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Future Cities

Tehran,Glance at the future of cities and attempt to build better cities have been followed several decades seriously.

Our Common Future is the slogan of Brandt land report in Norway in 1983.

Rio de Janeiro Earth Summit was held in 1992. Its output was Agenda 21. 10 years later, the mechanism of sustainable development and its indicators and necessities were dealt with in Johannesburg in 2002.

The output was named 'Johannesburg Plan of Implementation'. After 20 years since the Rio Summit, the Rio +20 meeting was held in 2012 in order to investigate twenty-year achievements and find a solution for emerging socioeconomic and environmental issues. The outcome document of the United Nations Conference on Sustainable Development, entitled The future we want. It is noticeable that on a global scale, city prosperity has long been initiated, but unfortunately, this issue has not been dealt with well in our country; therefore, it is necessary to create a national campaign entitled Iran's urban future. It seems that the future cities should regard following priorities anywhere in the world:

**Fighting against poverty

Cities are places where they have both the problem and solution in themselves simultaneously. They are a fertile ground for science and technology, culture and innovation, individual and collective creativity, and reducing the impact of climate change. Nonetheless, cities are the places of problems such as unemployment, discrimination, and poverty. All evidences indicate urban population increase in the world. On the other hand, the UN predicts the number of dense and marginalized population in cities will be doubled by 2050. City decision-makers should consider that they would encounter more densely populated cities in future. Thus, new infrastructures, rehabilitation, and reinforcement should be planned by them.

**Using technology

Future cities should be smart. They should be changed into places where the ICT has combined with urbanism, architecture, and even individuals and citizens' mind in order that they can solve today and future problems creatively and innovatively. Cities can collect data and information around them by smart sensors and tools on a variety of issues, such as traffic. In addition, citizens' speeches should be listened.

**The importance of public spaces

Cities of tomorrow are those that give more attention to the streets and public areas where people come together. The streets are a source of mobility and life in cities and a valuable public asset. They should have a higher position in urban planning and design. The streets account for 20 to 30 percent of the city's size in most of the current cities, but they are considered low-value place merely for relocation. In future cities, streets should play a more important role than moving from point to point. The best cities in the world are those bringing people together in public spaces after their day-to-day work. These cities offer a variety of options, such as pedestrians and bicycle paths for citizens' relocation. In these public spaces, social interaction and citizen participation are promoted. People, their behaviors and activities in the cities of tomorrow appear to be in the context of planning and design.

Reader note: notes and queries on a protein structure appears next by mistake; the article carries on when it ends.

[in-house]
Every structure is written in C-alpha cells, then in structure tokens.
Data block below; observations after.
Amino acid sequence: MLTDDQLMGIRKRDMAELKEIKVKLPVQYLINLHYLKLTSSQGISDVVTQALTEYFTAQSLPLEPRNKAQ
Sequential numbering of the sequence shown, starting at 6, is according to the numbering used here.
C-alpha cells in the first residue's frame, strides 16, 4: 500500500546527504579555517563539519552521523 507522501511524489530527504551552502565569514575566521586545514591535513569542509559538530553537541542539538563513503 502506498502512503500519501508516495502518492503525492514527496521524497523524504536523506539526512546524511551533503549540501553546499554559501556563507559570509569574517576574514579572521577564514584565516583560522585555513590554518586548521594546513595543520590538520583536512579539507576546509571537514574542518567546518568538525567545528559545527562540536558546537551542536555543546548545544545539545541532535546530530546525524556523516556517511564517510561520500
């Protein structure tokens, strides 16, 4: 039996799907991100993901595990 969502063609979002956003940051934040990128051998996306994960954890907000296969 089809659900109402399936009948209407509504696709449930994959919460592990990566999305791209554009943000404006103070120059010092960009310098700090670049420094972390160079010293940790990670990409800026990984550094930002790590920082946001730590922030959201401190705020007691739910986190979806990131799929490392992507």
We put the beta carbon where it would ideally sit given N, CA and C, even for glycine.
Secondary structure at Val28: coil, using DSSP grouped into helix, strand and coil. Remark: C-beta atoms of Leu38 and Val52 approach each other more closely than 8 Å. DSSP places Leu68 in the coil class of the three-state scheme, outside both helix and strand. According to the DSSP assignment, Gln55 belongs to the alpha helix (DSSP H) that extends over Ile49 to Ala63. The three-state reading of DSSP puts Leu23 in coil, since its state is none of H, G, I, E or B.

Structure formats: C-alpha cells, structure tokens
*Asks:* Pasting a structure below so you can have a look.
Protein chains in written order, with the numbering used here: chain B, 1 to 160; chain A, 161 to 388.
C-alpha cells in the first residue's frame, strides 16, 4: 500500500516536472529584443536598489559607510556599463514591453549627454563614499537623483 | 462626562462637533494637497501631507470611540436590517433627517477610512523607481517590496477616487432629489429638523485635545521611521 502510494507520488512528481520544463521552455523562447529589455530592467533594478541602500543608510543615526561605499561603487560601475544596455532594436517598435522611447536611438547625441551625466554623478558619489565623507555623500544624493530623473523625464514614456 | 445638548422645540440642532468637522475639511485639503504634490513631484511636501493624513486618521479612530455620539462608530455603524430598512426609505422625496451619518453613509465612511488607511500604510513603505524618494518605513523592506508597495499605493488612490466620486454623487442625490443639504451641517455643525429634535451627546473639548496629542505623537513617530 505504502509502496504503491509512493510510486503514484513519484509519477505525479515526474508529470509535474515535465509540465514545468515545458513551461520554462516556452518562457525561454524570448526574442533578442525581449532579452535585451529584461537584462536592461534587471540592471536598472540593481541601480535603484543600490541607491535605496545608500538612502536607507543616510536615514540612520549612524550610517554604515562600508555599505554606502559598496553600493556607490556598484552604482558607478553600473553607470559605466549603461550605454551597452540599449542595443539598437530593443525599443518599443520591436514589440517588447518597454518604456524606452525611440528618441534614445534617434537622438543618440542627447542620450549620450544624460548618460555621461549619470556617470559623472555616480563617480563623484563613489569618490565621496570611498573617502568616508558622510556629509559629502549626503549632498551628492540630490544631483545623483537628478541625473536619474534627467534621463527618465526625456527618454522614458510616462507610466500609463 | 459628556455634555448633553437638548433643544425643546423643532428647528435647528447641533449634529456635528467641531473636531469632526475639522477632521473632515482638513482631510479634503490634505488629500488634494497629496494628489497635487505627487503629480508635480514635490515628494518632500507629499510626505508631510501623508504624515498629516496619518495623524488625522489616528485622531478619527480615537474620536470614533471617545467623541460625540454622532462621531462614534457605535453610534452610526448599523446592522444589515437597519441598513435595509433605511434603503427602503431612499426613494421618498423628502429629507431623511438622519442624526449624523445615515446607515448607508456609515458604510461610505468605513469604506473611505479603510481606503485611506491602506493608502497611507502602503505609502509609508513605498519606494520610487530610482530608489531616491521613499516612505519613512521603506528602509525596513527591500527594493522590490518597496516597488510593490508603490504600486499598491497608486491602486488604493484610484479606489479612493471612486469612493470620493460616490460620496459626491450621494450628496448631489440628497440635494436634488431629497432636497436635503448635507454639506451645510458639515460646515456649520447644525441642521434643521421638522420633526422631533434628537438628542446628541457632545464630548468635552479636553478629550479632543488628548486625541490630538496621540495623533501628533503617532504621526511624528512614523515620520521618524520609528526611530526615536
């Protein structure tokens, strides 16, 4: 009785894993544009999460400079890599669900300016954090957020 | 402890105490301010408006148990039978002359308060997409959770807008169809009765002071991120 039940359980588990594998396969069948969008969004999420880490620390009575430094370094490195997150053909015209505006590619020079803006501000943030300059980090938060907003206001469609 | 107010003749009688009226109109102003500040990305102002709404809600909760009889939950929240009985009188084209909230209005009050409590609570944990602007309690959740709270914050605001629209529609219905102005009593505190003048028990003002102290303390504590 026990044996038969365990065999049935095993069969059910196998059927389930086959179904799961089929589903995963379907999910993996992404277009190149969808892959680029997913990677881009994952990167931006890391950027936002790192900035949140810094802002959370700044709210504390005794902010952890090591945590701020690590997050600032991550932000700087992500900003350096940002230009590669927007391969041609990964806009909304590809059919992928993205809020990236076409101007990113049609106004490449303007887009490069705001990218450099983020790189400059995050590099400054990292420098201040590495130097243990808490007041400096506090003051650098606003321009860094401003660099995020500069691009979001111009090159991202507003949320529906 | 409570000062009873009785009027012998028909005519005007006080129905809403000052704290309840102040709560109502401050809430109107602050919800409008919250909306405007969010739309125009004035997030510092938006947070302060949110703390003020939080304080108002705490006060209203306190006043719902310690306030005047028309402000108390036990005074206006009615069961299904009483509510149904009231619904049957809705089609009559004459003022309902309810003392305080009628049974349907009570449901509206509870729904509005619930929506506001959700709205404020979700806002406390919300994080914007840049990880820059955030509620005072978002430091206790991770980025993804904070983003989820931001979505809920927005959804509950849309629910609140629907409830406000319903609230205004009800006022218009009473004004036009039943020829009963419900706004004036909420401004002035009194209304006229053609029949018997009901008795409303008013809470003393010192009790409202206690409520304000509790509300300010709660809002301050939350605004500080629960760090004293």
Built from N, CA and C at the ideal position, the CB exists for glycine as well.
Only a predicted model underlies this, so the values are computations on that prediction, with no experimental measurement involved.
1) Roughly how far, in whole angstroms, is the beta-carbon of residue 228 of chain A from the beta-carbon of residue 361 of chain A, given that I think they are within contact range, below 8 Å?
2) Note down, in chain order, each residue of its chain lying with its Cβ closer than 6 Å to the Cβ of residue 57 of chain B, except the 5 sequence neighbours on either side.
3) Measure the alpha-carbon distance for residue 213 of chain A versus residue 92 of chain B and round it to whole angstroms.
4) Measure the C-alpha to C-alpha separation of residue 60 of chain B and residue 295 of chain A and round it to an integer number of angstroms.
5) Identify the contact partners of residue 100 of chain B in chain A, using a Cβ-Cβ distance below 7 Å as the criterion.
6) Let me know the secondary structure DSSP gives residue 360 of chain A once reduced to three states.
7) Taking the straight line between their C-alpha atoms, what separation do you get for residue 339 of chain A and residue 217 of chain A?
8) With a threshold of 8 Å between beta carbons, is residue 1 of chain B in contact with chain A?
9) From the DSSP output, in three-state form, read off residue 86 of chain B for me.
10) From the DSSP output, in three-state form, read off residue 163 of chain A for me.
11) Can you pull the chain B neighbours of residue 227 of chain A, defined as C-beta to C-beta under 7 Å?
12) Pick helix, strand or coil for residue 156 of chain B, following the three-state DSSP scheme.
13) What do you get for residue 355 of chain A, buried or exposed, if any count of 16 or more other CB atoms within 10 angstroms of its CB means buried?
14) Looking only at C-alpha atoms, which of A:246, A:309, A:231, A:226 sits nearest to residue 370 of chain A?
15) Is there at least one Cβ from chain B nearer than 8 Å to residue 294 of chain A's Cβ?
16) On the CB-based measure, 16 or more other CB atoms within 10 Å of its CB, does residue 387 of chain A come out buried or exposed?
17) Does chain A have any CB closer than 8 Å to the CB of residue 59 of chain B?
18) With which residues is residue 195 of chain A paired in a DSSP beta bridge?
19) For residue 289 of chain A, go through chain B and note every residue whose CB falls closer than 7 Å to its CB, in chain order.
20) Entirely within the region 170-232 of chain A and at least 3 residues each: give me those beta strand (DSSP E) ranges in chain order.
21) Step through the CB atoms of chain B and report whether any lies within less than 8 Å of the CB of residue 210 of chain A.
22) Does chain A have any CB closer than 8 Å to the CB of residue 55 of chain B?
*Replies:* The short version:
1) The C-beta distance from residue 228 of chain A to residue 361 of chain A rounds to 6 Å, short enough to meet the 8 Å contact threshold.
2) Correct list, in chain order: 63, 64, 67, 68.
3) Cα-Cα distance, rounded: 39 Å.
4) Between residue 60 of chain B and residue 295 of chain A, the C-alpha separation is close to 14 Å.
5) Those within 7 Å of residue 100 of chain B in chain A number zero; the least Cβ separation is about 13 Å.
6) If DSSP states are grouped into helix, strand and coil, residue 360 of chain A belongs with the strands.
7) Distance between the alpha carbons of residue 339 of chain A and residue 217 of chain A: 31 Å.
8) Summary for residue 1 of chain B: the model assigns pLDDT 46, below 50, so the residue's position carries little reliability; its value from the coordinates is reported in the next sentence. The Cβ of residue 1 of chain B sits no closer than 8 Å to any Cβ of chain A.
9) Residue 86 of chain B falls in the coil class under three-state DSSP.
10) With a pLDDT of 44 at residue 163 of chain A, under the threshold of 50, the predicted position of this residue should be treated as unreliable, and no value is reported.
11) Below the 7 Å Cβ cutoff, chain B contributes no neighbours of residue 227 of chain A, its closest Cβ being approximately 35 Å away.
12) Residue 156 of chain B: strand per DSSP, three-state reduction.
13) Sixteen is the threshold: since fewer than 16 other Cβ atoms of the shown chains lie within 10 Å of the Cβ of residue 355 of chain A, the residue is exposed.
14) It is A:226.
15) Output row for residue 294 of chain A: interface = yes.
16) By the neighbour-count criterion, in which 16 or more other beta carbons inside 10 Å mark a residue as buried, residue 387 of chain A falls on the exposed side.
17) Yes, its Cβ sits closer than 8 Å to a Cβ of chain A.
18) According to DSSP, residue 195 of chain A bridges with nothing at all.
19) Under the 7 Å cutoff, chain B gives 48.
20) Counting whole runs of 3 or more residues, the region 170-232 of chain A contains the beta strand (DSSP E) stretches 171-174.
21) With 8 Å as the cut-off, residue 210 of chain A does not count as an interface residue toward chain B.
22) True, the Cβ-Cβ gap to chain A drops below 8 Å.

**The importance of citizens

In the current cities, many elderly people have difficulty adapting to the urban environment. Future cities should be friendly to the old people. They should be regarded in urban planning; what is happening now in a number of German and Spanish cities as well as in the Scandinavian region. This is equally important for children. In the current cities, children are strangers with urban spaces. They endure a stressful environment to cross the streets. On some streets, they are forbidden to cross. Future cities will be children friendly. In future cities, people must regain their true identity and significance.

**Energy saving

On a global scale, cities consume 76 percent of the world's electricity, with the largest share of consumption in the transport sector. According to the International Energy Agency (IEA), 90% of energy consumption will be in cities by 2030. Future cities are in urgent need of new infrastructure due to existing problems and require new services and new business models. In order to meet the shortcomings in transport, telecommunications, energy, water and wastewater, by 2030, cities need $ 71 trillion, or about 3.5 times the world current GDP. A large share of this investment is related to energy and transport. Cities, if they want, can be more energy-efficient and more environmentally-friendly. Cities are often seen as destructive of the environment and ecological overload of nature, but they can also be considered as environmentally-efficient model simultaneously because increased congestion and better management of service costs are reduced, innovation is promoted and prosperity is possible through economic development. Cities are vulnerable to climate change, but they also have unique conditions, which can take on the role of leadership and global management to reduce climate change and adapt to it. Cities need to plan and policy in the field of climate change. In this regard, they need extensive research, as well as skilled and qualified specialists.

The cities of our country, both in terms of population growth and urban areas, are growing rapidly. The urban challenges of our country, such as pollution, unemployment, marginalization, social and cultural issues, are all understandable in the same perspective. The use of knowledge and technology should be the backbone of future urban managers. With current urban management methods, challenges cannot be solved.

**Mohsen Tabatabaei Mozdabadi is Secretary General of Iran Urban Economics Scientific Association (IUESA)

Source: Islamic Republic News Agency - IRNA


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